J.M. wrote Physicians Plus, with a copy to OCI: "I would hope those of you on the appeals committee that are concerned parents would, under similar circumstances, take your child to the closest available care."
OCI sent the insurer its form letter, asking it to respond to the complainant within 10 working days and to OCI within 20 days. Physicians Plus reviewed the matter and "decided [to] pay the charges at this time," except for a $100 co-pay. An OCI complaint specialist wrote J.M. to note this happy resolution - and lecture him on his responsibilities as a health insurance customer:
"When you enroll in an HMO plan, you agree to use participating providers for all covered services," the OCI staffer wrote. "[I]t is a good idea to become know [sic] which hospitals, urgent care centers, and clinics are participating providers in your area so you can use those providers whenever possible."
In cases where insurers do not change their minds, OCI seems to go along with whatever they decide.
Consider the complaint filed in March by Pamela Selje of Madison. She and her husband, Mark, each had health coverage for her daughter, his stepdaughter. (Full names in this article and complaint summaries online are used with permission.) But both companies refused to pay for the girl's urgent care visit in January, each saying it was the other's responsibility.
OCI sent the complaint to Pamela Selje's insurer, Physicians Plus, seeking its response. Physicians Plus concluded that Mark's insurer should pay, under the so-called birthday rule (assigning primary responsibility to whichever parent is born earlier in the calendar year.) The insurer's letter named two OCI staffers - "Julie Walsh and Michael Horneck of your office" - whom it said concurred with its conclusion.
Two months later, Physicians Plus reversed itself, apparently on its own accord. It now said that, because Mark never formally adopted the girl and Pamela was her natural parent, the bills were actually its responsibility. OCI spokesman Jim Guidry affirms that this latter interpretation is correct.
In other words, OCI seems to have concurred with both conclusions reached by this insurer, even though they were contradictory.
Clearly, there are statutory and practical limits on OCI's authority. It cannot, for instance, get involved in disputes over cost, even when the provider is the insurer, as is often the case with HMOs.
"We wouldn't regulate that, and I'm not aware of anybody who does," says Mallow. "I'm not aware of any regulation or state law that speaks to what a health provider can charge for services."
Nor can OCI enforce standards regarding quality of care. Here, says Mallow, it might make referrals to the appropriate licensing body - like the Medical Examining Board in the case of physicians.
But even when it does have regulatory authority, OCI seems reluctant to throw its weight around. Mallow notes, for example, that with regard to explanations of charges and benefits, "We do have some regulations on how clear those have to be."
That might come as a surprise to Peter Anderson. The Madison resident complained to OCI in March that the billing statements used by his insurer, Physicians Plus, "are written too cryptically to understand the particular health claim involved and, in the case of denials, the reasons for the denials."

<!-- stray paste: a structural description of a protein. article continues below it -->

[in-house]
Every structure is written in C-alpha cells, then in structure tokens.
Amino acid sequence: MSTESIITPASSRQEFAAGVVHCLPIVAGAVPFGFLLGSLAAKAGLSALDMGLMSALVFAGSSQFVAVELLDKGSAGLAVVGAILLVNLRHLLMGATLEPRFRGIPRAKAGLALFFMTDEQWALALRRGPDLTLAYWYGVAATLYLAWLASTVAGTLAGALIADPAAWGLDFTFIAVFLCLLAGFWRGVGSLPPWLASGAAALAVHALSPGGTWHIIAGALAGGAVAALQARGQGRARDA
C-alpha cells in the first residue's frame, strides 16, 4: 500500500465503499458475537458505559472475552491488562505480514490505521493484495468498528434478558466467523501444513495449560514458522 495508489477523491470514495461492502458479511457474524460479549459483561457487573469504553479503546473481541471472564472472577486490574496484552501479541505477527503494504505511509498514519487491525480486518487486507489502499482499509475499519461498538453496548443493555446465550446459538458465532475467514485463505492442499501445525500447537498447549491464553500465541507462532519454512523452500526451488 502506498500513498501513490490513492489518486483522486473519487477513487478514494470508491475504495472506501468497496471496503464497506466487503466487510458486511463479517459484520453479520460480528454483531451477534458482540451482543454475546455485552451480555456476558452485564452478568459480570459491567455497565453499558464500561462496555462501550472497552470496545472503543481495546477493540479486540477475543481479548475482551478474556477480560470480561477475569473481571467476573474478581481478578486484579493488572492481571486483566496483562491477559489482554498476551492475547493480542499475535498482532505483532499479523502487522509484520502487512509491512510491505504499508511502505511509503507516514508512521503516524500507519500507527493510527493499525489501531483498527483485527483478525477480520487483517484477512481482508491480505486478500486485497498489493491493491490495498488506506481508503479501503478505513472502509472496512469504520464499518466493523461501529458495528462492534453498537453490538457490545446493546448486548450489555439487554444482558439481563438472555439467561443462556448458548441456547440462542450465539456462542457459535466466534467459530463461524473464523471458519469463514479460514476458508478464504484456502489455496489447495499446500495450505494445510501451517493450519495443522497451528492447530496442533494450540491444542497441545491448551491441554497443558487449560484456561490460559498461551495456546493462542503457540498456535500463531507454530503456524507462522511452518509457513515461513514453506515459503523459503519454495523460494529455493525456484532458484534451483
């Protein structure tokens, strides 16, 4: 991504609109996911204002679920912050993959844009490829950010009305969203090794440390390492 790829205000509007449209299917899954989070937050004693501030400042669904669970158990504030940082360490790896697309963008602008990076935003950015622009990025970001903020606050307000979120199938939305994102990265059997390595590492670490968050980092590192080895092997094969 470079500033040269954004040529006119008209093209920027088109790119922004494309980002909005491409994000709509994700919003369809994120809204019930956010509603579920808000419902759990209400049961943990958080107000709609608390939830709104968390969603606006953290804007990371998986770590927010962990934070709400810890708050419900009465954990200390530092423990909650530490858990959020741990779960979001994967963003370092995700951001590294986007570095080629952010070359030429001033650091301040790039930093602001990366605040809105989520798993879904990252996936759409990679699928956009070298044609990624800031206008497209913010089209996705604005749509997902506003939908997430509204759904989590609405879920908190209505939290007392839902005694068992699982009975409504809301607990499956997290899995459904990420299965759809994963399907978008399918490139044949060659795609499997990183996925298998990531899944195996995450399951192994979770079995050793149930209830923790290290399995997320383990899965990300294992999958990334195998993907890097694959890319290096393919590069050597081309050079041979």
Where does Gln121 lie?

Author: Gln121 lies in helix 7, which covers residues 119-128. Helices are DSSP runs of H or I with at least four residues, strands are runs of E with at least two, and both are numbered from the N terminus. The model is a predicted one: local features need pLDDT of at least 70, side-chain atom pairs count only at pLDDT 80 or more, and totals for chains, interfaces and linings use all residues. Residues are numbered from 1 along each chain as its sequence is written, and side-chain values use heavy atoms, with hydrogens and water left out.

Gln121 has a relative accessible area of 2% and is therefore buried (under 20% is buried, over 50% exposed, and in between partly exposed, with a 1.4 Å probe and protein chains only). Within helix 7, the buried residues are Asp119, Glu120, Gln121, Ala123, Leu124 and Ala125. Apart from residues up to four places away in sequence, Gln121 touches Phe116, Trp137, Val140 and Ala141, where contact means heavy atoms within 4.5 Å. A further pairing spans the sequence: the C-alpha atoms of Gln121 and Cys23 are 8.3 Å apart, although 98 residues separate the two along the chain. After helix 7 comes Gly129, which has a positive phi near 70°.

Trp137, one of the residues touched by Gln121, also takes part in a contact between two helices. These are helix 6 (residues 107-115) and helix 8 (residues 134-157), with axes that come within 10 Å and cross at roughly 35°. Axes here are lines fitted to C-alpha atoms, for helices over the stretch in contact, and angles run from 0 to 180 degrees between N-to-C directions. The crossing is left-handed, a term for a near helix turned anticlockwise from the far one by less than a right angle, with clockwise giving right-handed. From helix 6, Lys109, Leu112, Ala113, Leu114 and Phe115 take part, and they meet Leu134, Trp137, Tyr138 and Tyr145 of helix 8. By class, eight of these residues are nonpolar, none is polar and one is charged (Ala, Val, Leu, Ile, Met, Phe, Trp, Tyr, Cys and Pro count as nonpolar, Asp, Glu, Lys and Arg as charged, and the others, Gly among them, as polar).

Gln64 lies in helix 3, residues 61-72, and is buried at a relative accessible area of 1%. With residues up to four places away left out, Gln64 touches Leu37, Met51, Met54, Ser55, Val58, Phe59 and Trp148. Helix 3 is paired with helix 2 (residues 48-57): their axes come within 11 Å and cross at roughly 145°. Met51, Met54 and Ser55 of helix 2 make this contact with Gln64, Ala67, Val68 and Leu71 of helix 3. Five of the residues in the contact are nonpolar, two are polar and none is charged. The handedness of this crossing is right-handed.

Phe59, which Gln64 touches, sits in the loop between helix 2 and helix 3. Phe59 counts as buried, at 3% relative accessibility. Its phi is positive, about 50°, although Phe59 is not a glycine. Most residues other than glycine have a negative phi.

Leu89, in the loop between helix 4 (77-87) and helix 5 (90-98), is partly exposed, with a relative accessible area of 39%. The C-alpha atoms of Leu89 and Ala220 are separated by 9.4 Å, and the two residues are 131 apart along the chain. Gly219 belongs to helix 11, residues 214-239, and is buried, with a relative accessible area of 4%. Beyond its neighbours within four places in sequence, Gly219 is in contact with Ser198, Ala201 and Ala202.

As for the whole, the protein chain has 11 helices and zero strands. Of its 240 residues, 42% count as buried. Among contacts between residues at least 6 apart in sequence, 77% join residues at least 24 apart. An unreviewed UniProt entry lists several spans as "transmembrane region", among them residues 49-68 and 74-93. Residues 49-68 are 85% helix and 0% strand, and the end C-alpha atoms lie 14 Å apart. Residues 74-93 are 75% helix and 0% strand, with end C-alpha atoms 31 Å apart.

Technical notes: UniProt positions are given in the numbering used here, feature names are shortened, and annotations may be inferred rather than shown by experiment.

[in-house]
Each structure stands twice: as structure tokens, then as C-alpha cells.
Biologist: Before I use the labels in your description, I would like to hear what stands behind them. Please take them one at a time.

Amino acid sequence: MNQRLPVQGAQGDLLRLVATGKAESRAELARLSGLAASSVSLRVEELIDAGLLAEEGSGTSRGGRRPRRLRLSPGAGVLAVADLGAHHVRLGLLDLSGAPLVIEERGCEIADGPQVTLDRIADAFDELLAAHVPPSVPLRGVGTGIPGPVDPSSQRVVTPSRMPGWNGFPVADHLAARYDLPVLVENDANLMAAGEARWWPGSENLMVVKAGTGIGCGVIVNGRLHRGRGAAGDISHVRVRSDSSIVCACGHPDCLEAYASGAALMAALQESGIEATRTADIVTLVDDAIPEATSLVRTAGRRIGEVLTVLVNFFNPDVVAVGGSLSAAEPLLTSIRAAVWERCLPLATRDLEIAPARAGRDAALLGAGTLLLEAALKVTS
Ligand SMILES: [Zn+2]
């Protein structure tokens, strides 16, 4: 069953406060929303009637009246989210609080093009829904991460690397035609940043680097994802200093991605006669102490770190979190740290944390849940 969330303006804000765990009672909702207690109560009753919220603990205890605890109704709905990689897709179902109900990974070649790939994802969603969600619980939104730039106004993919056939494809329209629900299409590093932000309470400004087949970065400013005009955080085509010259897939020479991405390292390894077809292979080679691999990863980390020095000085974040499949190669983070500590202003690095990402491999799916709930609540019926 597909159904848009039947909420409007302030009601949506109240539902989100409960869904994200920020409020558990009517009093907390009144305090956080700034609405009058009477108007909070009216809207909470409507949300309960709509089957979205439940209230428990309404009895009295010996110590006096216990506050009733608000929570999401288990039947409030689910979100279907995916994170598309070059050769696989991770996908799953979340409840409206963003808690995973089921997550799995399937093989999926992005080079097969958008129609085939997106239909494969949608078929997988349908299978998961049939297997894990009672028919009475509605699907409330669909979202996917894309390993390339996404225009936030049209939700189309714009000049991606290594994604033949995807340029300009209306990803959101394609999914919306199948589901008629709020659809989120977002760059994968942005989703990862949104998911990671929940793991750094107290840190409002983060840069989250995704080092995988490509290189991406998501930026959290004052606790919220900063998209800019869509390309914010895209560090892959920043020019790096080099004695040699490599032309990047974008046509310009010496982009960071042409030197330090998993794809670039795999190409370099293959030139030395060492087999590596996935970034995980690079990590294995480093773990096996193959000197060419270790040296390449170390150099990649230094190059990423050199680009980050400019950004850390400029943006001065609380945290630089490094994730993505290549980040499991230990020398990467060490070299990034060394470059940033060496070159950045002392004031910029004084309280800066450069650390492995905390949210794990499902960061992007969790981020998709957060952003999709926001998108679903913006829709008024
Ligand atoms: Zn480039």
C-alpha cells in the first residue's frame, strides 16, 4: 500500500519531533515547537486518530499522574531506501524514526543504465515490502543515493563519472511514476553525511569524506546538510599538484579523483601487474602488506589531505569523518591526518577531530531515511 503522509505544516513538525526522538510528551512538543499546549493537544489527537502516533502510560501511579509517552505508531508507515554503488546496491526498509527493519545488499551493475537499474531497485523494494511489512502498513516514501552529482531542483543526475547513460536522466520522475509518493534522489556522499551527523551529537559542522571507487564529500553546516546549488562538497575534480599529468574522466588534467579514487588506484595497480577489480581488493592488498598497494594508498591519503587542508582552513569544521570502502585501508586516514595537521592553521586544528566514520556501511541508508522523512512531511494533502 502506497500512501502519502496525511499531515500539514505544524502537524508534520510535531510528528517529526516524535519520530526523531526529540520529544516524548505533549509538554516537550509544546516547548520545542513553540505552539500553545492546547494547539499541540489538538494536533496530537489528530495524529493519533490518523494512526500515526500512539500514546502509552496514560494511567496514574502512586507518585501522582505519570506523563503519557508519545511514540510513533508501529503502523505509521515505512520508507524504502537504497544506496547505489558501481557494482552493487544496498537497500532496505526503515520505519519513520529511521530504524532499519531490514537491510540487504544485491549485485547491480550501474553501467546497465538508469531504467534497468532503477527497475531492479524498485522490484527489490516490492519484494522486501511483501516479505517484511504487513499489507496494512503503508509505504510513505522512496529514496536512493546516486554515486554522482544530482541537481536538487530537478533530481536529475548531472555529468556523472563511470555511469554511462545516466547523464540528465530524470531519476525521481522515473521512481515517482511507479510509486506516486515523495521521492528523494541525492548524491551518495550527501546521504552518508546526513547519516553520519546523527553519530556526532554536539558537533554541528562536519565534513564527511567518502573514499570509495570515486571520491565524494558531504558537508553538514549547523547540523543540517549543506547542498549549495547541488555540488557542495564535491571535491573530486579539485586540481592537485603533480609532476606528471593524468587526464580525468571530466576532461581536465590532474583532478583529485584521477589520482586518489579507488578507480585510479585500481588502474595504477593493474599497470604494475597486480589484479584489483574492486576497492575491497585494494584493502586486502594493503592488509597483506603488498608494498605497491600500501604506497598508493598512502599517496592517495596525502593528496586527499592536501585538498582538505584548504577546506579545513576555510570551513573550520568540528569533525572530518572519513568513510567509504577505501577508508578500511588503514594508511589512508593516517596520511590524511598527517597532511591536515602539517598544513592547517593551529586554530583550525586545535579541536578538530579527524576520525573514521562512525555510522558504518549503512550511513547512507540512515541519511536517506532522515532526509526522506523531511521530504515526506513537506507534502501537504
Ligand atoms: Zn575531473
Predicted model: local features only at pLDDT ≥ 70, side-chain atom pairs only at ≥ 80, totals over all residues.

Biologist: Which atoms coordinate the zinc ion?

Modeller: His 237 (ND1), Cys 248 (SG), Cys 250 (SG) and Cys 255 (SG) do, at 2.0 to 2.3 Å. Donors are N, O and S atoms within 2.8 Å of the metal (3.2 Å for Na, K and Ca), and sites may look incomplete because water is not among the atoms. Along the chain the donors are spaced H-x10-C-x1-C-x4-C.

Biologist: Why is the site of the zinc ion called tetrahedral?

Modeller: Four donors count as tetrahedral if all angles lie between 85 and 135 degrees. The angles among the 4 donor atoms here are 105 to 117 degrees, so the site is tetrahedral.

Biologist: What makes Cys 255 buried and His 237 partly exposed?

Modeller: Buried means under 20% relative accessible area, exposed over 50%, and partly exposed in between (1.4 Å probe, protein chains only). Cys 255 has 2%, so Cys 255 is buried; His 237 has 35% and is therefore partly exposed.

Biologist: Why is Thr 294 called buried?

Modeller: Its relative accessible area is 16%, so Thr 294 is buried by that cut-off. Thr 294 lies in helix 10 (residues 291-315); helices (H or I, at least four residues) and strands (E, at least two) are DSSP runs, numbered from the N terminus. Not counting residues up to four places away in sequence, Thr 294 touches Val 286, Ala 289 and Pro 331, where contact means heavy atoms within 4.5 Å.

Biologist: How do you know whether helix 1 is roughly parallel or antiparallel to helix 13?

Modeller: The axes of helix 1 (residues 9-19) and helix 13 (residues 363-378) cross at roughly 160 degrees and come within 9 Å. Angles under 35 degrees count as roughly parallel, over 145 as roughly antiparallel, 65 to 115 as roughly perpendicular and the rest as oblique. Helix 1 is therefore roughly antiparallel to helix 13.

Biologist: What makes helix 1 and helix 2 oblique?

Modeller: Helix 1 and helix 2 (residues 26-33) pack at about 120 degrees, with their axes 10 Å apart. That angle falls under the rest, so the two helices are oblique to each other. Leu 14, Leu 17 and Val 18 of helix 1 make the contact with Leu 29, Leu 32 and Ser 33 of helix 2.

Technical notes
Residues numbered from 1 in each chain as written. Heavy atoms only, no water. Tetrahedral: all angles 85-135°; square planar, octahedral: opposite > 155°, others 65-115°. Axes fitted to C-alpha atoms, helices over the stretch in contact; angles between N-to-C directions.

Anderson, the founder of Wisconsin's Environmental Decade and owner of Recycle Worlds Consulting, asked OCI to make the insurer provide statements he could understand.
OCI sent its form letter. Cathi Willette, the Physicians Plus complaint point person, promised in reply that the insurer would immediately "review the entire issue" and update its statements "to provide more clarity and specificity for our members." She also said her review of Anderson's billing statement showed a $106.20 charge had been "denied in error." Apparently, Anderson did not grasp the reason for this wrongful denial enough to contest it.
In closing its file on the matter, OCI told Anderson it has "limited authority" in cases like these, where no insurance law or regulation has been violated. It did not check to see what became of the insurer's promised review.
Willette, in a statement, says privacy laws prevent her from commenting on a particular complaint or even confirming its existence. But she maintains that Physicians Plus welcomes feedback from members and has "made some changes and updated some of the language" on the "narratives" for its explanation of benefits.
Anderson hasn't noticed any changes. He reads from his most recent billing statement, dated July 31: "Line 1 says '12495 other,' Line 2 says 'E073 other.'" What do these mean? Anderson has no idea and says "there's no way to find out without spending hours on the phone."
The experience left Anderson feeling bitter toward OCI: "The staff had zero inclination to make any logic out of the system." The office, from his perspective, "doesn't do anything except say it isn't going to do anything."
In April, local attorney Marilyn Townsend had a similar experience. She filed an OCI complaint challenging the decision of her insurer, Unity, to begin adding a $10 monthly "paper fee" for people who want to keep getting bills by mail, as opposed to email.
Unity's rationale, explained in a letter, was "to help reduce the amount of paper mail you receive and help bring wellness to the environment." Townsend, who deemed this a ploy to get her email address, argued that Unity should offer a discount to those who agree, not impose a fee on those who don't. She also noted that adding this fee increased her monthly statement from one to two pages: "So much for its alleged attempt to save paper."
Unity decided on review to uphold the billing fee. OCI used its boilerplate language to tell Townsend it was "unable to resolve your complaint to your satisfaction," adding, "There are no laws regarding companies charging billing fees."
Townsend, who feels the cost of being billed ought to be covered by her premiums, is displeased with OCI's role. "They never came to grips with the issue I was complaining about," she says. "Someone over there should have said to Unity: 'This doesn't make sense. You haven't demonstrated that you are entitled to this.'"
What would happen if an insurer decided to charge its customers, say, $200 a month extra for the privilege of being billed? "We would question it," says Mallow. But she adds that the agency's authority to intervene would be limited. "We don't regulate the rates that are charged by insurers."